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Kirby and the Forgotten Land - Game Infinite Review

Kirby and the Forgotten Lands delivers on its promise to finally bring Kirby, one of my favorite gaming characters to his first ever 3D adventure. The vast amount of abilities and range of play styles that the game affords players is decent, and worthy of Kirby’s copy ability. In many ways it reminds me of the implementation of Super Mario Odyssey’s Mario Hat, in that Kirby has the ability to have dozens of attack enemies and traverse his world. With Kirby being the first copier character before Mario ever got his magic hat, they also do a great job of expanding it to include more one time use special copies with the new “mouthful” mode. Kirby instead of fully absorbing a enemies, and getting a new “hat” and weapons, Kirby eats a larger game item and looks like an anaconda that is trying to eat something too big. For instance, when eating a “mouthful” of a car, Kirby becomes a car and can drive around. The mechanics of Kirby’s copying is really well done with these innovative game moments, the “mouthful mode” and the ability to evolve known powers.

Where the game struggles most is in its execution. The entire time I couldn’t help but feeling like I was playing a remaster of an old game, instead of a new one. The fixed camera angles felt restrictive and antiquated, like I was playing a remaster/remake of an old game. I just never could shake that "remake/remaster" feeling throughout. This game was of similar level of graphic requirements and world to something like Zelda BOTW or Odyssey, so I can’t think of a hardware requirement not to give players full control of the camera. It certainly would have helped to modernize the game and make it feel like a 2022 title. Speaking of, the game struggled graphically on the asthmatic Nintendo Switch, and really showed the consoles age. The switch just simply can’t keep up with modern gaming expectations. The game feels blurry and low resolution compared to not just 2022 titles, but even other Nintendo exclusive titles. I don’t know if it’s entirely the Switch’s limited hardware’s fault, or if the game simply needed more development or budget, because it felt lower resolution and quality to BOTW and Odyssey. When playing frequently on PC, PS5, and XSX, the Nintendo Switch continues to feel dated, and my modern perception may just be spoiled going back and forth between these two very different approaches to gaming. This is why I am shocked at Nintendo’s decision to release the OLED model with the same processor. The Switch is now 6 years old, and even 6 years ago is the weakest console available. This is a game I really wish had been ported to PC as well, even though I know that is something Nintendo never does, but it would have been beautiful in 4k, instead of the barely 720 I feel like it ran. This is a game compromised by occupying a time when I have far more beautiful games to choose from.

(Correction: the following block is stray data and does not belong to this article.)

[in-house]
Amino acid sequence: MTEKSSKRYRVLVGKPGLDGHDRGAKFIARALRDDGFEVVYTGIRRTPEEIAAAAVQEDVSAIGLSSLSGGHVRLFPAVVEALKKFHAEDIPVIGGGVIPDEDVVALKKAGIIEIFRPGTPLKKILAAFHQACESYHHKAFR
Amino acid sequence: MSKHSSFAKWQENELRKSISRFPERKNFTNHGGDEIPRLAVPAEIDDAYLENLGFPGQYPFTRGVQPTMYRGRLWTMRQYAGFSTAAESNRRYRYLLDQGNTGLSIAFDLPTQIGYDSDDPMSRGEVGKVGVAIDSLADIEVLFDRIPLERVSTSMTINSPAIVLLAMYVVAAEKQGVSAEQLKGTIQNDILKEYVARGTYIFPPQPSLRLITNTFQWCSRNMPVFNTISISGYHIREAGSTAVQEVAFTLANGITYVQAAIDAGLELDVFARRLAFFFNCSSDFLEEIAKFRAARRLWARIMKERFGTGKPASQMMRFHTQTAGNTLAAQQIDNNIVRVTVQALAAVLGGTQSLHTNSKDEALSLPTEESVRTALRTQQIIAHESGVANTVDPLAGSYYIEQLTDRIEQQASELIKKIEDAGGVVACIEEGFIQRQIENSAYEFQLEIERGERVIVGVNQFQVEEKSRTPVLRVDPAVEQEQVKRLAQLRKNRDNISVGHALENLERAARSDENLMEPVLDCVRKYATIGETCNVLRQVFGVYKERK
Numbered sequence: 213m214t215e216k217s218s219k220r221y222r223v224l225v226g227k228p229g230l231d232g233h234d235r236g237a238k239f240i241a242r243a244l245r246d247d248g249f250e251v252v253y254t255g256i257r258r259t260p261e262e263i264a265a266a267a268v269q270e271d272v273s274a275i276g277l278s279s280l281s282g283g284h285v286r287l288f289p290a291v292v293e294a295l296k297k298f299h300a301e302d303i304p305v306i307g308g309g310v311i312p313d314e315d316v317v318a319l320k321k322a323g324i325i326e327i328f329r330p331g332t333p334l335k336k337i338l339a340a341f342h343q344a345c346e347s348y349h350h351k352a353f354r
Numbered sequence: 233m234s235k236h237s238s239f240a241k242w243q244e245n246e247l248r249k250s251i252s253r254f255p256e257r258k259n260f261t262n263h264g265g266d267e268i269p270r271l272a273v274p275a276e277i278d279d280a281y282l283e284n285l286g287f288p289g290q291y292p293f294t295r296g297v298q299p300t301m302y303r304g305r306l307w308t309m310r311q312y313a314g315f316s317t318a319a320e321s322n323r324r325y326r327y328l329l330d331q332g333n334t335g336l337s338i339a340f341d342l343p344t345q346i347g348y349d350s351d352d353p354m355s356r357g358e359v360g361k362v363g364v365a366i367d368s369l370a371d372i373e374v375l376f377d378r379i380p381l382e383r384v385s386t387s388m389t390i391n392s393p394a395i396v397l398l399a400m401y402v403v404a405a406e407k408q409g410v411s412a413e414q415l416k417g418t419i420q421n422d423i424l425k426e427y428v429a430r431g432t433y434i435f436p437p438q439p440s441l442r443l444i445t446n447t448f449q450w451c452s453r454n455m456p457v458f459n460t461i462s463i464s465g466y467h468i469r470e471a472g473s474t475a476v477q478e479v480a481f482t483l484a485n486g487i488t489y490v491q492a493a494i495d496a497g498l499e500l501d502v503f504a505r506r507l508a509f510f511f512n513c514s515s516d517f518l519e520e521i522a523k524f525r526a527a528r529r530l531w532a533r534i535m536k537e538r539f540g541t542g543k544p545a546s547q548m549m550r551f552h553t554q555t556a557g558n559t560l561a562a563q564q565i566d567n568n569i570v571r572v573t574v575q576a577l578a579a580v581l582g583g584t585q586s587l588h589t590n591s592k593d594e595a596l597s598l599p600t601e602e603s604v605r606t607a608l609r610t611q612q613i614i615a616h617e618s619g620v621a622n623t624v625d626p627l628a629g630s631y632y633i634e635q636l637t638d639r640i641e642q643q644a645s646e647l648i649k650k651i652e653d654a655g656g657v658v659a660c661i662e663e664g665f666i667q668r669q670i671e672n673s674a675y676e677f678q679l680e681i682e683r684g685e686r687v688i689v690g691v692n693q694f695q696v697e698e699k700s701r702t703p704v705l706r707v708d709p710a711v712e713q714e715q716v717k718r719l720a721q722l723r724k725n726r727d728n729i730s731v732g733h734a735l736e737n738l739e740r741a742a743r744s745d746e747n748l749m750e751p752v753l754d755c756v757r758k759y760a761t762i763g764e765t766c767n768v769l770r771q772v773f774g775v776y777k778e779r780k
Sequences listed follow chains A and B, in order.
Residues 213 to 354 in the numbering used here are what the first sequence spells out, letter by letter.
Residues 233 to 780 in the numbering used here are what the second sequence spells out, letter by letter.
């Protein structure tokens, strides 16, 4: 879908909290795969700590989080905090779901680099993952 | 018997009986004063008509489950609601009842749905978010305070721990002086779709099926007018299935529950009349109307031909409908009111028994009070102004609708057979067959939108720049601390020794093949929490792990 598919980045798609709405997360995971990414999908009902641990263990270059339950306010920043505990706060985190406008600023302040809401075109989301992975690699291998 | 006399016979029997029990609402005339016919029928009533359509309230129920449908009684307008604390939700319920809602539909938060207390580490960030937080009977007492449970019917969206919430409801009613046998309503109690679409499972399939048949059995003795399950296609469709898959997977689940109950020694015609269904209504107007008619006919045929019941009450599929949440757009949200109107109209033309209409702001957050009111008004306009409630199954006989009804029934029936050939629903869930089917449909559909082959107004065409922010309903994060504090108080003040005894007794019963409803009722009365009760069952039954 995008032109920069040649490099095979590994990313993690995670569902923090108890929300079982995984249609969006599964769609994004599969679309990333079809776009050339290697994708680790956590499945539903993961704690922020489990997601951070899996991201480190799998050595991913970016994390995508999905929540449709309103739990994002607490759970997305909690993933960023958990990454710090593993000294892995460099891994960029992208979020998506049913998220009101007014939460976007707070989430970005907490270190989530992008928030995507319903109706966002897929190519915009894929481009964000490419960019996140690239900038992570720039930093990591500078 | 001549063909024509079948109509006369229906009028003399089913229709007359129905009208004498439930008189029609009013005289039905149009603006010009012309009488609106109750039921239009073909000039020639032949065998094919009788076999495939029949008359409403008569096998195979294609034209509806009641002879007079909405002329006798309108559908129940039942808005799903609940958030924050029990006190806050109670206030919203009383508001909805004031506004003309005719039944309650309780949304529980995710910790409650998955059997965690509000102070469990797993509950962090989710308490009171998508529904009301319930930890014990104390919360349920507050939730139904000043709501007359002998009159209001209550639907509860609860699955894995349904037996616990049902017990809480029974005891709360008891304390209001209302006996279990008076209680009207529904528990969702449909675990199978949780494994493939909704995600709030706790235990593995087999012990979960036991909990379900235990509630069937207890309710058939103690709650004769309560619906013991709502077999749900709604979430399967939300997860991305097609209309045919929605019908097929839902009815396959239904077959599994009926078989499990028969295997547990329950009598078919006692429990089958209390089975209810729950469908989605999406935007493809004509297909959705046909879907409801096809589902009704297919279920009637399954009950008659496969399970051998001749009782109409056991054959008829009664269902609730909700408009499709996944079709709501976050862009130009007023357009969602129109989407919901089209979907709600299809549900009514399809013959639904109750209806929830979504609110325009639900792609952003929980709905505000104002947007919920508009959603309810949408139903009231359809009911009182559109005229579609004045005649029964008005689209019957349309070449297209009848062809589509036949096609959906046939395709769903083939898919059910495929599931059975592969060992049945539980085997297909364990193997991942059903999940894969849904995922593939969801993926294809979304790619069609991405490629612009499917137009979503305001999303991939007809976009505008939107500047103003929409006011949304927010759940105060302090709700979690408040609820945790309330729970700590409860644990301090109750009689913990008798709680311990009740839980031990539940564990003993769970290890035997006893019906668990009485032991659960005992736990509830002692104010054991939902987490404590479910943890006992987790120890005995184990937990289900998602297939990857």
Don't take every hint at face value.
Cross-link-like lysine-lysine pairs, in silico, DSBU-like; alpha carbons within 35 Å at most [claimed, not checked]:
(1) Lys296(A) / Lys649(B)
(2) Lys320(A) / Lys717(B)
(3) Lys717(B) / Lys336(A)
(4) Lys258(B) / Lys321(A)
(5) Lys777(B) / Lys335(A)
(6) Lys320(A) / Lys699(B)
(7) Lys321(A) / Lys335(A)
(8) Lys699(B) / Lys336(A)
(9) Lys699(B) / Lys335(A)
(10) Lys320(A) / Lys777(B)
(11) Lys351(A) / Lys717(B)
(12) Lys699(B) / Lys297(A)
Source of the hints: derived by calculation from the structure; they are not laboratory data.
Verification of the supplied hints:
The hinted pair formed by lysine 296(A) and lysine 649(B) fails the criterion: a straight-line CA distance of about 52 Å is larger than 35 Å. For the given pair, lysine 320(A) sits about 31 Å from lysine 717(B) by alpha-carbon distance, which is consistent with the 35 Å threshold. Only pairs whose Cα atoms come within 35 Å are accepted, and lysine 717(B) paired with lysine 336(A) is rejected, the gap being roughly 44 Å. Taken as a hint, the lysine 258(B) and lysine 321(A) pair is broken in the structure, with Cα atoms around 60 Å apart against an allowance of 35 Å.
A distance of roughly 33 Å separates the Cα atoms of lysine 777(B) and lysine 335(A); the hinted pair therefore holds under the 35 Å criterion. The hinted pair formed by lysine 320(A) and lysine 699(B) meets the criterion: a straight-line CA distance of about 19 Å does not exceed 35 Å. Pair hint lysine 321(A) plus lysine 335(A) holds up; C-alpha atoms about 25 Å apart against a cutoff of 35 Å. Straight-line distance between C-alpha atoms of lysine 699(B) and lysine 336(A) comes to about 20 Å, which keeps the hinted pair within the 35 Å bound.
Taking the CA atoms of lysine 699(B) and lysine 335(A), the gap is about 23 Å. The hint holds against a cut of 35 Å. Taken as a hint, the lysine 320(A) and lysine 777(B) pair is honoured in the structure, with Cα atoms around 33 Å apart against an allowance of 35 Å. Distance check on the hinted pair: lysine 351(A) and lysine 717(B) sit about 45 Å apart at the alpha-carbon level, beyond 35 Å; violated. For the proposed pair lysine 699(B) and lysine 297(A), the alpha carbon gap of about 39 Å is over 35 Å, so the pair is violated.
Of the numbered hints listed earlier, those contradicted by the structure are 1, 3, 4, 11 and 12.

That being said, I didn’t want to take away too much from the game for its graphics, as I think budget and hardware are more to blame. The game itself is still fun, in mechanics and art style. This just doesn’t feel like a AAA effort from a AAA studio. If I focus on the gameplay and the charm of the world, I still had a great time getting to go on adventure with the pink cosmic monster. If this game had a 4k PC version, it could be a 9. I almost put the game at a 7, but It was more the fun of playing Kirby and the fun of the capture mechanics that really saves this game. If you are a gamer who can forgive a game "playing like a N64 remake" on a 6 old asthmatic console, and be one to just enjoy story, art style, and casual fun, then I recommend you pick up Kirby and the Forgotten Land when you get a chance. If you can't accept ahead of time what you are getting, there are more beautiful games to play.


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